It mostly comes down to signal quality and noise.

Anonymous 0 Comments

Because the base of everything is 0 and 1. Working with this, we created the bits and bytes.

The CHEAPEST method is 0 and 1, not just because the voltage but also a third transistor state. And then the fking thing needs to correctly identify each of the three stages.

Then comes the problem of mass adoption.

Also the actual advantage of a higher base is actually pretty small UNLESS you are trying for the borderlines of AI and processing power. We know this because ternary computer system EXISTED and FAILED.

Quite literally, creating a base 3 system is like reinventing the wheel.

Anonymous 0 Comments

Computers that use something other than base 3 are a thing, or at least were a thing.

The Soviets experimented with ternary computers in the early day of digital computing.

An of course analogue computers that don’t use digital at all have also been built.

The way we use computers today with low or no voltage meaning 0 and high current meaning 1 lends itself to binary. You could build something wehre different voltage ranges mean different things, but that wold add complexity.

For example many computer today work with the logic that 0V to 0.8 V is a digital zero and 2V to 5V is a digital 1 and everything in between is not defined.

You would need to shrink the ranges to make room for a third range.

This would require a lot more work that just adding another wire that can also be either 1 or 0 and get your higher numbers by treating a bunch of wires together as a single thing.

Future computers that are based on optical components or quantum stuff may be built on base 3 or 4, or we may just keep using binary because everything else is binary and switching to a new system will be hard.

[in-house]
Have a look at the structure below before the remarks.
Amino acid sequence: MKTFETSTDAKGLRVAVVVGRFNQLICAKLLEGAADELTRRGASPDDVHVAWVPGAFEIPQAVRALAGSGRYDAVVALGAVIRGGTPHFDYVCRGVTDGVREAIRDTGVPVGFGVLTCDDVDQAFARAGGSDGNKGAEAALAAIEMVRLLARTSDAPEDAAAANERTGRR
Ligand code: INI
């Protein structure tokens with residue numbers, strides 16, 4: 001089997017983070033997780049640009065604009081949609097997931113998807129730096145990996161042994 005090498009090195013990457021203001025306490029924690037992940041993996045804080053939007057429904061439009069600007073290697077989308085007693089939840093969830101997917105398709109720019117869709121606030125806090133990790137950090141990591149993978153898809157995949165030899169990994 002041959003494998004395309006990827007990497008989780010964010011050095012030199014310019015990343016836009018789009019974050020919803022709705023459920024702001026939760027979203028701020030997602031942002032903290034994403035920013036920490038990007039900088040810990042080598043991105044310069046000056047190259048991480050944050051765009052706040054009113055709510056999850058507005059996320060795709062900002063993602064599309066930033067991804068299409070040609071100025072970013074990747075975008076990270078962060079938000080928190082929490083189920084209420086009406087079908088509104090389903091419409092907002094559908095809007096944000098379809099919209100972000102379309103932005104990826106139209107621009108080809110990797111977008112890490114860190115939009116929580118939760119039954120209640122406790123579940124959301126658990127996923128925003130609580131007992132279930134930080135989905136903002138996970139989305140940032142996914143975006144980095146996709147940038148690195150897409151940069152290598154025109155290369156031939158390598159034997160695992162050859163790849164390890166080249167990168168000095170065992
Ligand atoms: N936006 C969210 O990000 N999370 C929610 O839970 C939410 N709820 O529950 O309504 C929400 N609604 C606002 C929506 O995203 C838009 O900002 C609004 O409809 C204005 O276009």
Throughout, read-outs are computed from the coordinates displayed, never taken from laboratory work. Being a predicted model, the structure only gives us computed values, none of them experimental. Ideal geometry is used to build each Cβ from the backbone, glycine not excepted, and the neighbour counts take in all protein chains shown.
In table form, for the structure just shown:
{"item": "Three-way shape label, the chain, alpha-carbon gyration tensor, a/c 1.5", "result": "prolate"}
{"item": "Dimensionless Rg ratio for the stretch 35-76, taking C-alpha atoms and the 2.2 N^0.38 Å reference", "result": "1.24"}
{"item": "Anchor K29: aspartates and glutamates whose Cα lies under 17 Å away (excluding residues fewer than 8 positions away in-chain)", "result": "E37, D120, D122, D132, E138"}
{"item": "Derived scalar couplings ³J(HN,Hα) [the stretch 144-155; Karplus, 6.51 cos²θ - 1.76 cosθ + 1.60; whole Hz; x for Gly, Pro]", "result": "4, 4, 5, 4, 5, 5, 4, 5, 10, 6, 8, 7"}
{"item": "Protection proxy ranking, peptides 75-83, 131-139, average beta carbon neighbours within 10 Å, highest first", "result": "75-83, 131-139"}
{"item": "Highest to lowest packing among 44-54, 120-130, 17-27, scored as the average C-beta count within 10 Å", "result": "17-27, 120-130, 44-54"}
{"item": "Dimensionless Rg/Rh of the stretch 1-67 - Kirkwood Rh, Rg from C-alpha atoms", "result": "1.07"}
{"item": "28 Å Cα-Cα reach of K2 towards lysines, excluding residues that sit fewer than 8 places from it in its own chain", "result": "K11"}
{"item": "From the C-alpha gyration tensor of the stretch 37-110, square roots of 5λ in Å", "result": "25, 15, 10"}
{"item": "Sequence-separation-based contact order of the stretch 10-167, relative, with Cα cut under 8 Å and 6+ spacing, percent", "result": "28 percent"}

If you for example do things like polarized light you can easily transmit much more than two states with a single beam of light.

Anonymous 0 Comments

Here are some more reasons not to use intermediate voltages:

A transistor is more power efficient when it is fully on, or fully off.

* When off the transistor has a high resistance but almost 0 current runs through it, which effectly means the transistor is not heating up, and almost no power consumed.
* When on the transistor has an almost zero resistance and large current, A low resistance also means the transitor is hardly heating up, and almost no power consumed..
* But when a transitor is half-on, there is a current and a resistance and the transitor is heating up and power is consumed.

The settling time for the voltage to get to a certain level is non-linear, meaning that the start and end is slow, having multiple voltages means that clock speed needs to slow to wait for the electronics to produce a stable voltage.

Sometimes the calculations can be done quicker with more intermediate voltages, but with just two voltages we could create more of the smaller electronics in the same space, because of lower heat and power usage and run it at a faster clock speed.

Anonymous 0 Comments

Because binary information is the most basic and fundamental form of information. Something exists, or not, without any in-between state.

If you think about it, distinguishing between something and nothing is fairly easy without further information. More nuanced ranges of values require calibration an some sort of way to know what each voltage means. This is quite error-prone and difficult to generalize to all sorts of information processing problems. In short, it is easier and cheaper to add bits to the bitstream if you require more information, rather than use another base entirely.

It is also very flexible to move the information around different systems, as it is easy to build a system that can distinguish between something and nothing, rather than dealing with values that are more vague.

An interesting case of non-binary electronic ‘computers’ are analogue synthesizers. These work with voltage ranges to define notes. They are not perfectly accurate, but as a musical instrument they don’t need to be. One of the reasons why they still have a fan base is how they are a bit fiddly and unpredictable, which makes them fun to experiment with.